U.S. makes case against Armstrong
cycling • The Justice Department laid out its case in a lawsuit against Lance Armstrong on Tuesday in Austin, Texas, saying the cyclist violated his contract with the U.S. Postal Service and was "unjustly enriched" while cheating to win the Tour de France. The government had previously announced it would join the whistle-blower lawsuit brought by former Armstrong teammate Floyd Landis. Tuesday was the deadline to file its formal complaint.
The Postal Service paid about $40 million to be the title sponsor of Armstrong's teams for six of his seven Tour de France victories. The filing says the USPS paid Armstrong $17 million from 1998-2004.
The lawsuit also names former team director Johan Bruyneel and team management company Tailwind Sports as defendants. The government said it would seek triple damages assessed by the jury.
Deal aims to end contract fiascoes
NFL • Dear incoming NFL rookie: Worried your $8 million contract might get held up by a balky fax machine? Worry no more.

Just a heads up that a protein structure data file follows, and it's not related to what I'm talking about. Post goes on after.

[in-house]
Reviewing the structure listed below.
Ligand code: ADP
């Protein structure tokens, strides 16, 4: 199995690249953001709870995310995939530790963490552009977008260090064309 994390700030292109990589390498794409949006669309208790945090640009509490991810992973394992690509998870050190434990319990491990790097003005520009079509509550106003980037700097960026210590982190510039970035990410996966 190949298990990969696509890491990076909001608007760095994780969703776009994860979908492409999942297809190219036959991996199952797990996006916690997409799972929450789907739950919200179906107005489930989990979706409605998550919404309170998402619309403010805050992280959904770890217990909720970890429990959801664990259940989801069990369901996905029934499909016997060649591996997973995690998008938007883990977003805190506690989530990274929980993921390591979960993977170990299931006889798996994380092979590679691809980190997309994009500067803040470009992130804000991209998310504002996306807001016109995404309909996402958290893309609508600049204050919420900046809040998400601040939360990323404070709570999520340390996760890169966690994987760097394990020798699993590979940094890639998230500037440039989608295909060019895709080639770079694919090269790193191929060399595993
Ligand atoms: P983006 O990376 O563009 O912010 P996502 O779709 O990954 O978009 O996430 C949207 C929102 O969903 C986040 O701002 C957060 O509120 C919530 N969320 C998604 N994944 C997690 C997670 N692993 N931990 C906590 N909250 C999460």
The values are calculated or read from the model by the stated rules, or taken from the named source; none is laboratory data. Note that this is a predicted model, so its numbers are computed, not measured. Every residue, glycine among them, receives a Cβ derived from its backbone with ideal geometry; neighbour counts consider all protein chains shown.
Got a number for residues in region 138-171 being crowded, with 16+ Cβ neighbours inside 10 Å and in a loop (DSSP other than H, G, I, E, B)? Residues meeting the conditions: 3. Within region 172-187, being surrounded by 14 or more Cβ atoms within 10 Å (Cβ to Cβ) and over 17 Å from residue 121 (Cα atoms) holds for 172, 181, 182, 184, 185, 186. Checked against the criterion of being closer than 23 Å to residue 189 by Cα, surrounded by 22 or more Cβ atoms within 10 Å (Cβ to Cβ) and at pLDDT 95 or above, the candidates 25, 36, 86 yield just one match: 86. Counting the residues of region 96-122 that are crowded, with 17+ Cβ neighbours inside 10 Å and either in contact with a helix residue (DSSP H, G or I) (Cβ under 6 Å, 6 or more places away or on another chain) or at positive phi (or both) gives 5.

The NFL Players Association announced a deal Tuesday with an electronic-signature company that will give players being drafted this week, along with their current NFL brethren, access to technology that makes signing a contract as easy as hitting a few buttons on their cellphone.
The deal between the NFLPA and DocuSign comes two days before the draft and with memories of the Denver Broncos-Elvis Dumervil fax fiasco still fresh on everyone's mind.
Last month, the Broncos and their defensive end were unable to seal the deal on a restructured contract because Dumervil couldn't get the signed paperwork back to the team in time via fax.
• The Bengals signed former Steelers linebacker James Harrison to a two-year deal. The five-time Pro Bowl player agreed to terms last Friday.
• The Chargers signed former Broncos fullback Chris Gronkowski.
From wire reports